Meanwhile, Woody Allen has enjoyed decades of success and industry celebration since his seven-year-old adopted daughter alleged that he sexually assaulted her in 1992.
Dylan Farrow’s mom, Mia Farrow, filmed the little girl recounting the alleged assault the day after it occurred to use as evidence against Allen. This footage was featured in an HBO documentary series in 2021.
Dylan also recalled the alleged incident on CBS This Morning in 2018, saying at the time: “I was taken to a small attic crawl space in my mother’s country house in Connecticut by my father. He instructed me to lay down on my stomach and play with my brother’s toy train that was set up. And he sat behind me in the doorway, and as I played with the toy train, I was sexually assaulted.”
Allen always denied his daughter’s allegations, and shortly after Dylan’s mom opened a molestation investigation against him in 1992, Allen released a statement that confirmed he was in a relationship with her 21-year-old daughter, Soon-Yi Previn.
Farrow had adopted Soon-Yi in 1977, when she was seven years old. Farrow started dating Allen two years later, and 13 years after that she discovered nude photographs of Soon-Yi in Allen’s apartment.
In his statement, Allen said of his and Soon Yi’s secret relationship: “It’s real and happily all true.” They married in 1997, when Allen was 62 years old and she just 27.
In the years since the molestation investigation was opened, Allen has enjoyed a glittering career and worked with dozens of big-name stars including Leonardo DiCaprio, Cate Blanchett, Rachel McAdams, Owen Wilson, and Jude Law.
In 1997, he was awarded a BAFTA fellowship award, and in 2014 he was given a lifetime achievement award at the Golden Globes. Meanwhile, he won an Academy Award for Midnight in Paris in 2012, and even a Grammy that same year for the movie’s soundtrack.
In fact, Allen didn’t really suffer any impact from Dylan’s allegations until the explosion of the #MeToo movement in 2017.
In December of that year, Dylan wrote an op-ed called “Why has the #MeToo revolution spared Woody Allen?” for the Los Angeles Times, where she called out “A-list actors” for choosing to work with Allen despite her long-standing accusations.
Allen was working on his movie A Rainy Day in New York at the time, and Dylan’s piece ended up finally sparking a response from some stars — inclhigh-profileding the high profile actors signed onto his current project.
One of them was Timothee Chalamet, who said that he did “not want to profit” from the film and announced that he’d donate his salary to charity. Actors who’d worked with Allen in the past also denounced the director, including Colin Firth, Greta Gerwig, and Michael Caine.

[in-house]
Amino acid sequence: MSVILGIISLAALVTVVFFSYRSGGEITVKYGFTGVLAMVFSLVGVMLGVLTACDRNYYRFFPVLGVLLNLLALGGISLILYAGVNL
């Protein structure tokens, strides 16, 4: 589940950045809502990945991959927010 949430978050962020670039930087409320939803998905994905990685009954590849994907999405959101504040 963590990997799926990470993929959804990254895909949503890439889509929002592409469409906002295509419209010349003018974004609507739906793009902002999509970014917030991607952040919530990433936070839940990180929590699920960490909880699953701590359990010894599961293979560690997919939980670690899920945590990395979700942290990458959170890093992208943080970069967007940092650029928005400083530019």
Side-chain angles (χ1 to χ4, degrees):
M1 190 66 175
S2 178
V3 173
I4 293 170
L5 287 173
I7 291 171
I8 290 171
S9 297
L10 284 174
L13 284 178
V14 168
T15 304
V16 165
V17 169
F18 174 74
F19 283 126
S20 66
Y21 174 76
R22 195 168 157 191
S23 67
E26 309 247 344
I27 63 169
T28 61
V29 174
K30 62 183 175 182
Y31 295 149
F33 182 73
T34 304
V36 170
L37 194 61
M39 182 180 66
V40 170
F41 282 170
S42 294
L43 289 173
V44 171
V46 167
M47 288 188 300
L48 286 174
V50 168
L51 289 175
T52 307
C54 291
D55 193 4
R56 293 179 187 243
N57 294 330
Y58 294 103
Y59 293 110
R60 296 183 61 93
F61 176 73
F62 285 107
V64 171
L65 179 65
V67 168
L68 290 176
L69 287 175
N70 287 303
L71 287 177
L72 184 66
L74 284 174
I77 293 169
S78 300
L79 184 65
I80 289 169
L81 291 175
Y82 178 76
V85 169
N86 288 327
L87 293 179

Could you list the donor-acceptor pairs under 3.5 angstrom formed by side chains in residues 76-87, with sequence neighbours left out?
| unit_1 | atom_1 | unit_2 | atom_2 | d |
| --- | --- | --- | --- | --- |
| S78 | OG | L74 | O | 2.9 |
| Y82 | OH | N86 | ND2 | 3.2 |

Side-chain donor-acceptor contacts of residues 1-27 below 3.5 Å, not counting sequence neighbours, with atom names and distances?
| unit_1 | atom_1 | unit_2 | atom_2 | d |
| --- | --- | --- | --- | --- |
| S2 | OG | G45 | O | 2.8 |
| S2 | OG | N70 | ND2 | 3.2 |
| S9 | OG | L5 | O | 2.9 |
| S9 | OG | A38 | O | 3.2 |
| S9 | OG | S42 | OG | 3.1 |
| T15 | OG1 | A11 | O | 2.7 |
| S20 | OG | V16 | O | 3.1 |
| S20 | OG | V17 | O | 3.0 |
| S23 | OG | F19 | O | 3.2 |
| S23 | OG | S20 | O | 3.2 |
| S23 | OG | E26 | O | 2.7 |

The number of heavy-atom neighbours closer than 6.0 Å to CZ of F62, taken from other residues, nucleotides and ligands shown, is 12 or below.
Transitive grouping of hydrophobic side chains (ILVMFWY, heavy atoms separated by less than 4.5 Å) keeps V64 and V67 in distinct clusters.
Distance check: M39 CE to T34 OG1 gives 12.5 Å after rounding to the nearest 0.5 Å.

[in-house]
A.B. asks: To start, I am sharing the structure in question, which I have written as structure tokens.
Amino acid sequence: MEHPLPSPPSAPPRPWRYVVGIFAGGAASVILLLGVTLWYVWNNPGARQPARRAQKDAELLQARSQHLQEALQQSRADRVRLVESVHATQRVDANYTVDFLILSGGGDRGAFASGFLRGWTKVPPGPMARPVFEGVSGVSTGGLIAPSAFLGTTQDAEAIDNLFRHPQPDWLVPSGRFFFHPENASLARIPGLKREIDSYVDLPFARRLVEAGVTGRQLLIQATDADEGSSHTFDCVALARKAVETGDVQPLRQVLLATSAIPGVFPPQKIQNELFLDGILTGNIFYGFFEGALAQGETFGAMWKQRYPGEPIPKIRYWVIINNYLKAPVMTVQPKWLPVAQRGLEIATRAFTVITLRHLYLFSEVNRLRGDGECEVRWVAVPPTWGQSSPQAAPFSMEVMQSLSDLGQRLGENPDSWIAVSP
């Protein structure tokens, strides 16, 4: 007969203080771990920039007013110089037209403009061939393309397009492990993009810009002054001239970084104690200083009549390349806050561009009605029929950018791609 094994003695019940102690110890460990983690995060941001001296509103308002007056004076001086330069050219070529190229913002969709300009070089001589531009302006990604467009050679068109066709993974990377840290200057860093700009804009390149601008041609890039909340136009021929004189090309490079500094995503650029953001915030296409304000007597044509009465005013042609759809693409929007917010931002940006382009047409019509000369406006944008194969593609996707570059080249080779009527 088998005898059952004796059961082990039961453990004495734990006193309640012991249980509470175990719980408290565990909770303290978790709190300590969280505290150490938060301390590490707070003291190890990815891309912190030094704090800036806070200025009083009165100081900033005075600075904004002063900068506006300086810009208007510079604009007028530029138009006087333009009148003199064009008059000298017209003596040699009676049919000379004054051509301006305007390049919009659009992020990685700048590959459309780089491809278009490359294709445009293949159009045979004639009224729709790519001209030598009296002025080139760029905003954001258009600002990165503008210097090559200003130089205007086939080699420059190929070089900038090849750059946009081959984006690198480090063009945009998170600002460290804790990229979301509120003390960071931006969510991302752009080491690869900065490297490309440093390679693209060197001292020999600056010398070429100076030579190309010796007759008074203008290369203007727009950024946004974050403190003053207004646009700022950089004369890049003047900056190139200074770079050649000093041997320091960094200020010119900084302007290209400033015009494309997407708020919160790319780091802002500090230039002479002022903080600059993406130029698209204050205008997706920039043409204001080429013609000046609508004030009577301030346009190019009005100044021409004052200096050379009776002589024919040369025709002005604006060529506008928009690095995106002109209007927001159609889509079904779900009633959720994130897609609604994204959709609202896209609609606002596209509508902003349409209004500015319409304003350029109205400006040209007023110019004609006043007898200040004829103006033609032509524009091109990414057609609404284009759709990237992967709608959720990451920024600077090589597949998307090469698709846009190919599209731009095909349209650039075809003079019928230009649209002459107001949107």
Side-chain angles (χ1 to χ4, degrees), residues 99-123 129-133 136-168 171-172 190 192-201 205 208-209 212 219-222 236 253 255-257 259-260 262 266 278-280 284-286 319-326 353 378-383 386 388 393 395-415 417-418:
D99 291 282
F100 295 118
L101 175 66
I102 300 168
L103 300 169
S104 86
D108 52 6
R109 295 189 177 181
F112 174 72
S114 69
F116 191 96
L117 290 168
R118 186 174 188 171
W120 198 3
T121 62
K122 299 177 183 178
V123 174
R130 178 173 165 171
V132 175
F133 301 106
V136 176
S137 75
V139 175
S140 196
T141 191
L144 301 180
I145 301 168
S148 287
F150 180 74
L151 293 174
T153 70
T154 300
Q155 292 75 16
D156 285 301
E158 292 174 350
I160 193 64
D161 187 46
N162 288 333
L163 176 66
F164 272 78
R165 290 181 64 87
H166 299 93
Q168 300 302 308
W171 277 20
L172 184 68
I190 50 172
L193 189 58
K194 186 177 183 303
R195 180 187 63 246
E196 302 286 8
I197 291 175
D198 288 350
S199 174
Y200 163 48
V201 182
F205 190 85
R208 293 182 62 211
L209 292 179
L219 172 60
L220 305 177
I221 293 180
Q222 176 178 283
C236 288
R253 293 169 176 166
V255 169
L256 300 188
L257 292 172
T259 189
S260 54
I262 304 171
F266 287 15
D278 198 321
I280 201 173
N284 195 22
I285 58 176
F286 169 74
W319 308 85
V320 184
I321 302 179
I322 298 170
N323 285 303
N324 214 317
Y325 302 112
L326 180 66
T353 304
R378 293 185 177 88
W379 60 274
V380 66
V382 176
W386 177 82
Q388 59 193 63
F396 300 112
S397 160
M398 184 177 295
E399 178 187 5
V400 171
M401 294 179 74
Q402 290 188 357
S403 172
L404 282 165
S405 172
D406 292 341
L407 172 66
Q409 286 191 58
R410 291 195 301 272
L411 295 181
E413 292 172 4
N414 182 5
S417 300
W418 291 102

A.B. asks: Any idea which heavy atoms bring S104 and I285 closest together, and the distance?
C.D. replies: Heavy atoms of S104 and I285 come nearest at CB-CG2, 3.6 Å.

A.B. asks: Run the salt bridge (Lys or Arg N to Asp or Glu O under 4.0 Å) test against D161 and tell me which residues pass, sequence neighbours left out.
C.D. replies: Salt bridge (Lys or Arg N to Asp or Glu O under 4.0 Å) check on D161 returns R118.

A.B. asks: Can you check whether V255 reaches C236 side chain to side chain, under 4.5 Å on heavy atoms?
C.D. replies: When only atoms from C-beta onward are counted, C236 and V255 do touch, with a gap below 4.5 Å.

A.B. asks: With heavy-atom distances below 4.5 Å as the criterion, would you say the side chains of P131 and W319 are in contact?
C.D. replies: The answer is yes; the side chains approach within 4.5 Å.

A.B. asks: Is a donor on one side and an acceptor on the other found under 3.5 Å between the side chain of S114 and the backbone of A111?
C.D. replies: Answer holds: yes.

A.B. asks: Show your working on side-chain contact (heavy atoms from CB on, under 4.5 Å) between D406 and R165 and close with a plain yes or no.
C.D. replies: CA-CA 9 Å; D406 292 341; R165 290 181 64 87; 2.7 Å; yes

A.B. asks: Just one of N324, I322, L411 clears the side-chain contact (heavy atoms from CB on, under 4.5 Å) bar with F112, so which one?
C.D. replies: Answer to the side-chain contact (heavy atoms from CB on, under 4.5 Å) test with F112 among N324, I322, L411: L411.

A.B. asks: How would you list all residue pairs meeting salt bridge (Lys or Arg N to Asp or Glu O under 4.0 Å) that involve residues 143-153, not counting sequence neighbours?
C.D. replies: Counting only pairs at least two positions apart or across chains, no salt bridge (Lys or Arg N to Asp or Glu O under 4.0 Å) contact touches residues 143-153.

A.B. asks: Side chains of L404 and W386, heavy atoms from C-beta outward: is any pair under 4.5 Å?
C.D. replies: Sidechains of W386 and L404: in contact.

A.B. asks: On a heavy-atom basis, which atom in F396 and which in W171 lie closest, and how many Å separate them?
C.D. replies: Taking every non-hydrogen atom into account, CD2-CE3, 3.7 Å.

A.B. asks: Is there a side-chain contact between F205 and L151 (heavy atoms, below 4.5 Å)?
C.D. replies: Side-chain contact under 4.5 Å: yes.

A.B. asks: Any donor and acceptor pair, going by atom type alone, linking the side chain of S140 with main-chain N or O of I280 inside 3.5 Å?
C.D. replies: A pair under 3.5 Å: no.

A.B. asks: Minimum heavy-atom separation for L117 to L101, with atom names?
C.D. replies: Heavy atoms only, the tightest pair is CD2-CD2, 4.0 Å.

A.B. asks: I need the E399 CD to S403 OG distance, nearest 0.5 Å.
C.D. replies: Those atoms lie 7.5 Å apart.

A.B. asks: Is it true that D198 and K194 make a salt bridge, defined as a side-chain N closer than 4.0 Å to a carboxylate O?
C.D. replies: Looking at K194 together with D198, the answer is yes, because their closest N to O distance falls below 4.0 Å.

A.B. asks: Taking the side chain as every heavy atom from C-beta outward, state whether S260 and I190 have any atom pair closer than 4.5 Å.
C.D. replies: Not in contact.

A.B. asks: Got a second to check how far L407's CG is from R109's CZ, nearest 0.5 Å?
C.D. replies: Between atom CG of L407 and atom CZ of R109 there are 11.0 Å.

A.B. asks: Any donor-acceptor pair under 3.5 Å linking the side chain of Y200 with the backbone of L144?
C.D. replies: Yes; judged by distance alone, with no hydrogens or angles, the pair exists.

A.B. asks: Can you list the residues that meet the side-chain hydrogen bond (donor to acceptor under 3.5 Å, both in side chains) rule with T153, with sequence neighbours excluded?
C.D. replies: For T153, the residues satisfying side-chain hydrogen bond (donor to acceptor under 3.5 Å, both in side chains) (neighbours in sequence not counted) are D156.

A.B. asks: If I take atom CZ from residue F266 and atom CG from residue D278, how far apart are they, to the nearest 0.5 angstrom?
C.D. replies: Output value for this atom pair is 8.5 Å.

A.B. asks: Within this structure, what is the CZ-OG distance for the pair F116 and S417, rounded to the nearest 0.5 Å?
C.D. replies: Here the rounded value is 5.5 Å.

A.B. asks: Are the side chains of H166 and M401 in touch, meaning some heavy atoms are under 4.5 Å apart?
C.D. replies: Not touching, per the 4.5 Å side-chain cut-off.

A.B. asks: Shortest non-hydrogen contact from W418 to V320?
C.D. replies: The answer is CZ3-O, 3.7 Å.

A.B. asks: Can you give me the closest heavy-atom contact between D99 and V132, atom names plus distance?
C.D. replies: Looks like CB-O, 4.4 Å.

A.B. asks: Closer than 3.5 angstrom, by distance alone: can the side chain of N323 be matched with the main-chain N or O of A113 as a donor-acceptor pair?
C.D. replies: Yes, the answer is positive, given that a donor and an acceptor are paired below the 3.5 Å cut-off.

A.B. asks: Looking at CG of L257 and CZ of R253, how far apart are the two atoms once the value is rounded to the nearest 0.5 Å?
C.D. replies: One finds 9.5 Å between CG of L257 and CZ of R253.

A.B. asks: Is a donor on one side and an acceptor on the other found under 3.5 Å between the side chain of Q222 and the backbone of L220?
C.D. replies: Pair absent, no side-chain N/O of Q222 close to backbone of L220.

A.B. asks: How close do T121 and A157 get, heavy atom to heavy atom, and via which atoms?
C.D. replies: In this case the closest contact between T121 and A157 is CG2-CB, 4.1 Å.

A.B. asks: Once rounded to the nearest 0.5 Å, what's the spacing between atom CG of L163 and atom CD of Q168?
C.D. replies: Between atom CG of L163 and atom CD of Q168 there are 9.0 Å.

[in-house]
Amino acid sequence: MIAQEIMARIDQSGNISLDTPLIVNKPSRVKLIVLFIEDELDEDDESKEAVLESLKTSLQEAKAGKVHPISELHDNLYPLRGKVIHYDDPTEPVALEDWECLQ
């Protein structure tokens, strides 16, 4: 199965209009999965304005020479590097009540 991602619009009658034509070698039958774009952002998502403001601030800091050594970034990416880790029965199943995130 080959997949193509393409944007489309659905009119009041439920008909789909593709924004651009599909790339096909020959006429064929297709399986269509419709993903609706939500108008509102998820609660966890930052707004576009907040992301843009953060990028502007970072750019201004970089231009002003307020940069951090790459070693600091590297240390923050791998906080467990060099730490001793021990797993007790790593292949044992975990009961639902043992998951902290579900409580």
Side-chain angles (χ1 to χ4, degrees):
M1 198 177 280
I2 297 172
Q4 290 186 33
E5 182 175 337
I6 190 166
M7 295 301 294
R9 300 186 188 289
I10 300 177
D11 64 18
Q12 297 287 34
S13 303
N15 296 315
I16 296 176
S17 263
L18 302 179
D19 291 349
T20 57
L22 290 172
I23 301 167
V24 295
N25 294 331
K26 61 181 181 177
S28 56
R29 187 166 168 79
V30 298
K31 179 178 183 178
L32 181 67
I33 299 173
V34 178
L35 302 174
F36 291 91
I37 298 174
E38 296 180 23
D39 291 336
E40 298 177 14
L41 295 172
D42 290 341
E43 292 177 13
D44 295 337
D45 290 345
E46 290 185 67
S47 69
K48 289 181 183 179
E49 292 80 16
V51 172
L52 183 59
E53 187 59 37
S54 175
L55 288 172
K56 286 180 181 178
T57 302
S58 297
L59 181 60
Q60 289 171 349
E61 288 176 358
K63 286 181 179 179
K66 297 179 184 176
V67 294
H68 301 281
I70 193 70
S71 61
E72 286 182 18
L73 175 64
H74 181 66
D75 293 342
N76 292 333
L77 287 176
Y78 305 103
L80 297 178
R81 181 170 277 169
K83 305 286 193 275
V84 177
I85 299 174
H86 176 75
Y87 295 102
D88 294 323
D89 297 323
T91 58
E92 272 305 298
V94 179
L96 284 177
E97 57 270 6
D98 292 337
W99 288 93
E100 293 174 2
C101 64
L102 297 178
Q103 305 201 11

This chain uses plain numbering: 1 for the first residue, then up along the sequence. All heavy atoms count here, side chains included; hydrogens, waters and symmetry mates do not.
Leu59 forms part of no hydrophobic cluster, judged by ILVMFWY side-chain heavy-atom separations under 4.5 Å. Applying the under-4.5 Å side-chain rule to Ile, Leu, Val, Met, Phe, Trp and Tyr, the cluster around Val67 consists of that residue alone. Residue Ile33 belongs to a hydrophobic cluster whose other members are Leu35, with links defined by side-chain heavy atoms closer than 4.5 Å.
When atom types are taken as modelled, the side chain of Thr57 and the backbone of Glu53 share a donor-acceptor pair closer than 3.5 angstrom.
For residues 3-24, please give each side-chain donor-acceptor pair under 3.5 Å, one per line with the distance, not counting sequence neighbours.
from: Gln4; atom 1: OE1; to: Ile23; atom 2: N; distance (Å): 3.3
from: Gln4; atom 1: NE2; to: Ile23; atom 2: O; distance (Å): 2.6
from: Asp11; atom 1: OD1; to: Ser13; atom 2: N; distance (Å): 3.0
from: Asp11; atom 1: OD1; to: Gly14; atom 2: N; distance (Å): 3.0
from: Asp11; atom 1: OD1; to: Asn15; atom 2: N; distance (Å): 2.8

In 2020, Allen released a memoir called Apropos of Nothing, where he lashed out at some of his former colleague’s “policy” to “always believe the woman” and branded it “simple-mindedness.”
Then there’s David O. Russell, who worked with everyone from Jennifer Lawrence to Christian Bale to Taylor Swift on his movie Amsterdam just last year.
In fact, Russell has been working consistently with A-list names in the years since his niece filed a sexual assault claim against him in 2011. Nicole Peloquin, who is transgender, accused her uncle of touching her without her consent and asking inappropriate questions about her transition.
Russell admitted that he had fondled his niece at the time, but claimed that she had acted “very provocative towards him.” Per a representative for the Broward County Sheriff’s Office, local police closed the case without any charges being filed against Russell because authorities did not witness the alleged assault.
Silver Linings Playbook was released to critical acclaim the following year and American Hustle in 2012.
In 2016, Amy Adams revealed that working with Russell on the latter was so traumatic that she cried constantly during filming. This was years after a video of Russell verbally berating Lily Tomlin on the set of I Heart Huckabees went viral.
At one point in the footage, Russell hurled the contents of a table on the floor and yelled at Tomlin: “OK bitch? I’m not here to be fucking yelled at! I worked on this fucking thing for three fucking years not to have some fucking cunt yell at me in front of the fucking crew when I’m trying to fucking help you, you bitch!”